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Tell Me
Europe 2022

The Rolling Stones
Bradley Center, Milwaukee, WI
Thursday, September 8, 2005

The set list

  1. Start Me Up
  2. It's Only Rock'n Roll
  3. She's So Cold
  4. Tumbling Dice
  5. Rough Justice
  6. Waiting On A Friend
  7. You Can't Always Get What You Want
  8. All Down The Line
  9. Night Time Is The Right Time (with Buddy Guy)
    --- Introductions
  10. The Worst (Keith)
  11. Infamy (Keith)
  12. Miss You (to B-stage)
  13. Oh No, Not You Again (B-stage)
  14. You Got Me Rocking (B-stage)
  15. Honky Tonk Women (to main stage)
  16. Sympathy For The Devil
  17. Paint It Black
  18. Brown Sugar
  19. Jumping Jack Flash
  20. Satisfaction (encore)
Show start :  9:10 pm
Show end   : 10:55 pm

Comments by Rich and Karen Kaczmarek

The legendary Buddy Guy opened the show with a 45-minute set.

The Stones replaced Back of My Hand with Waiting on a Friend. Mick said that the song will be on the MTV Hurricane Relief show. Buddy Guy joined the Stones onstage for Night Time is the Right Time. The Stones were thrilled to play with him. Both Keith and Ron shook his hand and Buddy gave Mick a big hug. It was fun to see this one. Very much a highlight of the tour. If you liked it before, imagine adding Buddy Guy to the mix. Keith introduced The Worst with the usual "it's good to be here, it's good to be anywhere," then added "as usual."

Paint it Black was another highlight. Mick and Keith gave each other a high five after it.

It's a lot of fun to see the wide range of people at these shows -- there's the under age ten set up through people into their 70s. Everyone comes out after the show singing their favorites and "Dancing in the Street."

There was a story in one of the local papers today entitled "Should there be a retirement age for Rock 'n Roll". We didn't buy the paper. The answer is obvious.

Review by Dean Goodman

The Rolling Stones delivered a perfunctory set – literally lacking fireworks – at the Bradley Center on Thursday, racing through 20 tunes in just over 105 minutes. The main stage was barely five feet high, and the small stage maybe three feet, giving the show an intimate theater-like quality – at least to those in the front. The people in the expensive seats halfway back on the floor might not have been as thrilled. While it seemed that everyone was wearing a Stones t-shirt, the crowd didn’t seem very energetic, and the Stones responded in kind, ditching the audience participation segments of tunes like “Brown Sugar” and “You Can’t Always Get What You Want.” There was no lengthy jamming on “Jumpin’ Jack Flash,” the final song of the main set, and “Satisfaction,” the encore. Between those songs, they didn’t even bother leaving the stage, just milling around behind Charlie’s kit.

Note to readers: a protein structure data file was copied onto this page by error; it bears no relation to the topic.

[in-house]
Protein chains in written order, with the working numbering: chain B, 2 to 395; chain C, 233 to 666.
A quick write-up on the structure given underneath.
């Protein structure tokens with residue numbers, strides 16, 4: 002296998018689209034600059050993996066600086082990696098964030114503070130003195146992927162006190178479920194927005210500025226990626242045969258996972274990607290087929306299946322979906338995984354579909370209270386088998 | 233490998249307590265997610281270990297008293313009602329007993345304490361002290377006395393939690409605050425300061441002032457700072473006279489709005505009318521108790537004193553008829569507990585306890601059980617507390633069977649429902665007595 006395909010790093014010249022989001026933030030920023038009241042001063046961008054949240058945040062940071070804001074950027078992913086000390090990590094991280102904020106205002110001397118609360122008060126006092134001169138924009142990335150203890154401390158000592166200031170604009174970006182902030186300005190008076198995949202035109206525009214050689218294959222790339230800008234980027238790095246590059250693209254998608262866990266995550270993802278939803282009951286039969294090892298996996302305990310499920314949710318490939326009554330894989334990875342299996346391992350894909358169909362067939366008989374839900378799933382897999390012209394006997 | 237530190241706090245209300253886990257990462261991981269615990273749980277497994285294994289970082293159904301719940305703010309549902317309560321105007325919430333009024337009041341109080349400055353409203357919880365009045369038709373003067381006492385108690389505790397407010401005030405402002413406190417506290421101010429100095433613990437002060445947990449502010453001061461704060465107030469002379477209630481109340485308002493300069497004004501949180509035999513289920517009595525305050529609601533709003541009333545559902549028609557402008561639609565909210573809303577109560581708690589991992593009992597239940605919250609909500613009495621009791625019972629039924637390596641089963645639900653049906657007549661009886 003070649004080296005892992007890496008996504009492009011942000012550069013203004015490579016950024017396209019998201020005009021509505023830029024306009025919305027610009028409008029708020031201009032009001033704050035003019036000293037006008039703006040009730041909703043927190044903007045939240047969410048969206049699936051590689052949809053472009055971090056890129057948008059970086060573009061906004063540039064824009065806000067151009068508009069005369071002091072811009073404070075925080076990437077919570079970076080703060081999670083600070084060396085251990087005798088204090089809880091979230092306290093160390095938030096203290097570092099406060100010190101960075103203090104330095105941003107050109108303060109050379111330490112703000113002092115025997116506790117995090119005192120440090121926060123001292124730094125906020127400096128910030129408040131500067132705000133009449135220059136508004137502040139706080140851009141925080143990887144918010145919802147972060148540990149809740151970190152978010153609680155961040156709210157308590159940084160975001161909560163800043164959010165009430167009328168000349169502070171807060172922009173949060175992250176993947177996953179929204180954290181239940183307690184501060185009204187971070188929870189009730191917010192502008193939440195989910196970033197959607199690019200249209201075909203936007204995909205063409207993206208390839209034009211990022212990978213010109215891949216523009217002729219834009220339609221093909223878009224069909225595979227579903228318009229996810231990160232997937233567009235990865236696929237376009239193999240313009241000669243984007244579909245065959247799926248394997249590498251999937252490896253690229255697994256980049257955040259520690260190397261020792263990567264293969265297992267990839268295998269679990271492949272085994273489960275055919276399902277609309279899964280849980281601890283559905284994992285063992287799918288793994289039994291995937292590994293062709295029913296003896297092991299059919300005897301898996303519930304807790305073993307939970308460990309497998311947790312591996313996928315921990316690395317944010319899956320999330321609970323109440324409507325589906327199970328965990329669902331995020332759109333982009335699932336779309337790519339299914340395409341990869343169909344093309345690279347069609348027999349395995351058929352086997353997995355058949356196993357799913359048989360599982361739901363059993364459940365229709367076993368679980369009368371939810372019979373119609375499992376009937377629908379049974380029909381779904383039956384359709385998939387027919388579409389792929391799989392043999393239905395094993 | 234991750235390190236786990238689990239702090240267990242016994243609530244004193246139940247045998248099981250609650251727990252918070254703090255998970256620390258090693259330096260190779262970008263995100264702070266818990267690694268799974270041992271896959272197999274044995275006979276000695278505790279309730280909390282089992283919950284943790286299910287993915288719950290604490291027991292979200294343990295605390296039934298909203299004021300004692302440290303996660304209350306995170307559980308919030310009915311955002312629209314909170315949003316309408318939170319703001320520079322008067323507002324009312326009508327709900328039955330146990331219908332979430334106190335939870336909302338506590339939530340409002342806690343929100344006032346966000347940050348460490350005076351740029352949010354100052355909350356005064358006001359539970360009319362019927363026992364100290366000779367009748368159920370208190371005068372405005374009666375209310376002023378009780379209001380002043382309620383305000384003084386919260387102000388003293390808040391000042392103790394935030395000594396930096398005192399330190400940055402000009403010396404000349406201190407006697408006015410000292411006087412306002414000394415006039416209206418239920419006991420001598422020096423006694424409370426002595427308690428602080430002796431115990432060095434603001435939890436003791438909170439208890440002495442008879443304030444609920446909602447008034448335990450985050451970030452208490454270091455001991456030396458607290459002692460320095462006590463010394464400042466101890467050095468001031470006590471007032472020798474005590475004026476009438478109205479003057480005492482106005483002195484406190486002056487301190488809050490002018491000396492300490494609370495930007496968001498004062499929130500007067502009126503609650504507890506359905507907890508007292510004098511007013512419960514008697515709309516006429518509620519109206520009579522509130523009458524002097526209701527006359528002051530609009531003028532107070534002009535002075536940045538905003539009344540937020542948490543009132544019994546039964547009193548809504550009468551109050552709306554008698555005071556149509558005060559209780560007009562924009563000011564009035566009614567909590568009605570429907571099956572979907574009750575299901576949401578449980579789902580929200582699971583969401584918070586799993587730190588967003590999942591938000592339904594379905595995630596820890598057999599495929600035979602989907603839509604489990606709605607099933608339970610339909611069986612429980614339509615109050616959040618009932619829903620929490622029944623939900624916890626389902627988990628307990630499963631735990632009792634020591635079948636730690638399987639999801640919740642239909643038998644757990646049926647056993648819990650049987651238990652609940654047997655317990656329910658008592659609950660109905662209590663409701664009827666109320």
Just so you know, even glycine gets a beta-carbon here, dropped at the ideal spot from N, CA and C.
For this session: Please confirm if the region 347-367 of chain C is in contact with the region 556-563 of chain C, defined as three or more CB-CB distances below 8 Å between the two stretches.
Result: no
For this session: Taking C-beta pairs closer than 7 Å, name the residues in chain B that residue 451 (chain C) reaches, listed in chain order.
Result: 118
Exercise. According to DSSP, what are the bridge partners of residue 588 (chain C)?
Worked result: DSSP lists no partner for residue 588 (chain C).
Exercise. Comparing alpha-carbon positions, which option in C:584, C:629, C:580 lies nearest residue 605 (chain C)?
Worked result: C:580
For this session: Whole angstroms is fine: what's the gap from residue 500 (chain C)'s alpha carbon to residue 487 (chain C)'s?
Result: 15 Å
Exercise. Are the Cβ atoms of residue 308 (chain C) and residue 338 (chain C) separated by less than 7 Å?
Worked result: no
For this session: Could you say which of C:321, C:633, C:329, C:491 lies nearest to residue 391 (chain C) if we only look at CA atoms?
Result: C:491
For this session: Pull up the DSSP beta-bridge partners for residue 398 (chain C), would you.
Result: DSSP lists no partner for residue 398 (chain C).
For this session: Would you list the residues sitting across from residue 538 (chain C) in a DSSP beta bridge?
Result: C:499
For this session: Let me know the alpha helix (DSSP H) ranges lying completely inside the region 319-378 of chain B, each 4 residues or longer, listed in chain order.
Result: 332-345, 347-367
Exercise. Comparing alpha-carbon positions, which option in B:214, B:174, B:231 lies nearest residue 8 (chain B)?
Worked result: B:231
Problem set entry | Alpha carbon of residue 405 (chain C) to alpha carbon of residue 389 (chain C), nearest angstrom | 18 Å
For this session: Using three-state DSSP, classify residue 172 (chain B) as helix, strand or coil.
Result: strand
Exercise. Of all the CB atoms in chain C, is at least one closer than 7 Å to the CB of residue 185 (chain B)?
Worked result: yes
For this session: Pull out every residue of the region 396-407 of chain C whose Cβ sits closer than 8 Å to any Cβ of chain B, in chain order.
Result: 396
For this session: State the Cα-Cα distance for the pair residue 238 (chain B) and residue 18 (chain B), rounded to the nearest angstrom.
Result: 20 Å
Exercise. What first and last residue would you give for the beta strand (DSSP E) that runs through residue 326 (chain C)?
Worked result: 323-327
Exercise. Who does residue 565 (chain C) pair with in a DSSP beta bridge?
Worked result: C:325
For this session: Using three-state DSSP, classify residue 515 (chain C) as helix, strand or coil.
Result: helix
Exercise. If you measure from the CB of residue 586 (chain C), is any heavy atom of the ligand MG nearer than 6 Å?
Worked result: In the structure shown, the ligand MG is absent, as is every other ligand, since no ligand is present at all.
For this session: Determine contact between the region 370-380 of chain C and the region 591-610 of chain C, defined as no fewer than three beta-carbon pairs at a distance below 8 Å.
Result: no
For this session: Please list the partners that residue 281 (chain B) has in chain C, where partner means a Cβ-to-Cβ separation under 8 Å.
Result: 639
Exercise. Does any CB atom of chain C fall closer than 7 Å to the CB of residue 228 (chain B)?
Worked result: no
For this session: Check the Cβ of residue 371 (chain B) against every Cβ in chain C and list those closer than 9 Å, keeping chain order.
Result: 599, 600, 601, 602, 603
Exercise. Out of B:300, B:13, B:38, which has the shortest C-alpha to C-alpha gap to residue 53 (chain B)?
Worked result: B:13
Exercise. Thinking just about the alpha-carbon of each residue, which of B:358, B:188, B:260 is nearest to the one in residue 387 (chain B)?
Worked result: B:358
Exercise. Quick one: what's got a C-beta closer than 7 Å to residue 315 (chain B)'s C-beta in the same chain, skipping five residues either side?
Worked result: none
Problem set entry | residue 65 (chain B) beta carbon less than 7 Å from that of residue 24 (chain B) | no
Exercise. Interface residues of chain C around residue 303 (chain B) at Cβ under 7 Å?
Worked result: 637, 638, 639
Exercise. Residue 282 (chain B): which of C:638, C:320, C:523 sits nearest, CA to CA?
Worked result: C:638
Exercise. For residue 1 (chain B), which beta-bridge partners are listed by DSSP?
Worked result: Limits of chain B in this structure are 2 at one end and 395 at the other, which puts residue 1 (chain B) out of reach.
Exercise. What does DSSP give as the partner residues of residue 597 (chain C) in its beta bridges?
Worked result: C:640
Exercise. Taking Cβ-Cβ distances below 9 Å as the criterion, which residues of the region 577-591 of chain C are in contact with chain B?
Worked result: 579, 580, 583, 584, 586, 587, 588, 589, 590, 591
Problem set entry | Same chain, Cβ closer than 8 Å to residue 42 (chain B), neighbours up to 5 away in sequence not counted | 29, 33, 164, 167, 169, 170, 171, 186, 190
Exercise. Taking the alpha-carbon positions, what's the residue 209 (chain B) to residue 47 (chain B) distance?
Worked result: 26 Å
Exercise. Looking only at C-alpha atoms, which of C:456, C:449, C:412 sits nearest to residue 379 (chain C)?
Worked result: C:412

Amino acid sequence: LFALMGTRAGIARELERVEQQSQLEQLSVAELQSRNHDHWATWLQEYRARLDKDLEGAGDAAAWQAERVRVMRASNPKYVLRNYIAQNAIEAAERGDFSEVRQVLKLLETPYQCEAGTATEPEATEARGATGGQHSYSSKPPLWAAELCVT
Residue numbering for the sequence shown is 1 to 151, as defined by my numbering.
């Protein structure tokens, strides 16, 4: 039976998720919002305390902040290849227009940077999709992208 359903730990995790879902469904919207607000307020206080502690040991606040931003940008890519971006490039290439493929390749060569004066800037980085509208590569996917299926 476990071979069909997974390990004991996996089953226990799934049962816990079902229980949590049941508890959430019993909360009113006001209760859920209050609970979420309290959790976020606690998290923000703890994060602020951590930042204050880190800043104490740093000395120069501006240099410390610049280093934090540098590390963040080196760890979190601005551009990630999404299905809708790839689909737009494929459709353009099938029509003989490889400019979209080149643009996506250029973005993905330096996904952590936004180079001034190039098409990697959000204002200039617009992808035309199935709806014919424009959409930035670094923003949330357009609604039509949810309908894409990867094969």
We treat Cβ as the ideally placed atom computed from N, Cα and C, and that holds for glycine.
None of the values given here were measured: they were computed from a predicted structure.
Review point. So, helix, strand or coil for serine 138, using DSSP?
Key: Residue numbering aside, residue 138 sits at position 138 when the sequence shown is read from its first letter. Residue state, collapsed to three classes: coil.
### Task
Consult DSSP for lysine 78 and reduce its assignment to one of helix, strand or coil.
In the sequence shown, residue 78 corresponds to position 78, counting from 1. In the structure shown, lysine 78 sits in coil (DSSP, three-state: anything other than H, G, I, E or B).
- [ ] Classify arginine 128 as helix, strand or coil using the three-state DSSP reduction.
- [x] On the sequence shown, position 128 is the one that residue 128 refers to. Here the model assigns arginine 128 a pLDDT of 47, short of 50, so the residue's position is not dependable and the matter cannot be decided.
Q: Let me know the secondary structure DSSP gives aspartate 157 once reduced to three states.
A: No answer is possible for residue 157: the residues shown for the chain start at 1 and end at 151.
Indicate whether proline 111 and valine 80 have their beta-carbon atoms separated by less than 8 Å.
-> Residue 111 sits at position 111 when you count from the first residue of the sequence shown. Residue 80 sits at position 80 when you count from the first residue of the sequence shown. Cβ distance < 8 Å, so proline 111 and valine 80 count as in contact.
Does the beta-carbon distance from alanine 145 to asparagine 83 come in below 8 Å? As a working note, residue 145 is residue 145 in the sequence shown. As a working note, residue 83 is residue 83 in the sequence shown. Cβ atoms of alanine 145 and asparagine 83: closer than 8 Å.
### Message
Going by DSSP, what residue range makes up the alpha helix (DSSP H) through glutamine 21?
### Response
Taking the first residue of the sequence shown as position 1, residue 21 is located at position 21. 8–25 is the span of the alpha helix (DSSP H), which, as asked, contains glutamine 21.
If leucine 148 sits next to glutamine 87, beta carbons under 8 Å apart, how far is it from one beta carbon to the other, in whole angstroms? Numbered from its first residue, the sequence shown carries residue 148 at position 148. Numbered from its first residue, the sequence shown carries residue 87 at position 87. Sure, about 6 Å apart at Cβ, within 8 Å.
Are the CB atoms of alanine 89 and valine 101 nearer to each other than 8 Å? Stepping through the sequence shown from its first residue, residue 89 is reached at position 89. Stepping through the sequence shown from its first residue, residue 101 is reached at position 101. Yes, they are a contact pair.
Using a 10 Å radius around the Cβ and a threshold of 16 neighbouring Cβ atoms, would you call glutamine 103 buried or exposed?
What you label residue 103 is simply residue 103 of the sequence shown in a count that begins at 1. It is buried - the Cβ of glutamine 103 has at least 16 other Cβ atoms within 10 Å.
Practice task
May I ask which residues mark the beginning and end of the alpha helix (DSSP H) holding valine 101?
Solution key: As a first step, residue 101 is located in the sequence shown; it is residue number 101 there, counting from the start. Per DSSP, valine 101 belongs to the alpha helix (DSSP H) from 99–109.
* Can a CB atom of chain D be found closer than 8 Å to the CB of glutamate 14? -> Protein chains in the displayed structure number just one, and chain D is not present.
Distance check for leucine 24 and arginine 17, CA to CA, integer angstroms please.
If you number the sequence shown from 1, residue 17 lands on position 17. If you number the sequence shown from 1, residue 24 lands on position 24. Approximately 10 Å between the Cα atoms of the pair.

Highlights included “Paint It, Black” – proof that they don’t need to dig too deep into the catalog to come up with infrequently played crowd-pleasers; “(Night Time is) The Right Time” – featuring opening act Buddy Guy; and “Waiting on a Friend” -- which they taped for MTV’s Hurricane Katrina telethon on Saturday. No great surprises among the first few songs, and it wasn’t hard to get the feeling that even casual fans were wondering why they seem to play the same songs every tour.

Mick strapped on his acoustic guitar for “Waiting on a Friend,” telling the crowd beforehand that it was going to be taped for MTV Networks’ Hurricane Katrina telethon on Saturday. For some reason, he felt the need to advise us that his intro for the song was off-script, “So much great music has come out of New Orleans, and we’re gonna try and give a little back.” I’m not quite sure what relevance this song has to the Crescent City. Interestingly, they rehearsed “Shine A Light” during the soundcheck, which might have been a more poignant choice.

Guy strolled out on stage for “(Night Time is) The Right Time,” and Keith and (especially) Ronnie were fawning over him like two horny teens meeting Pamela Anderson. The blues veteran stepped into the spotlight for a solo, and just as he was building up to a blazing climax – with Ronnie signaling to Mick to let him play on – one of his guitar strings broke. Climax postponed. At the end of the song, Ronnie kissed him on his bald head, and Mick hugged him.

One observation about the small stage set. The techs need to remove the Perspex screens on either side of Charlie so that we can’t see the set list written on them, and also so that Charlie can smirk and roll his eyes at us, unencumbered, just like he used to in the old days.

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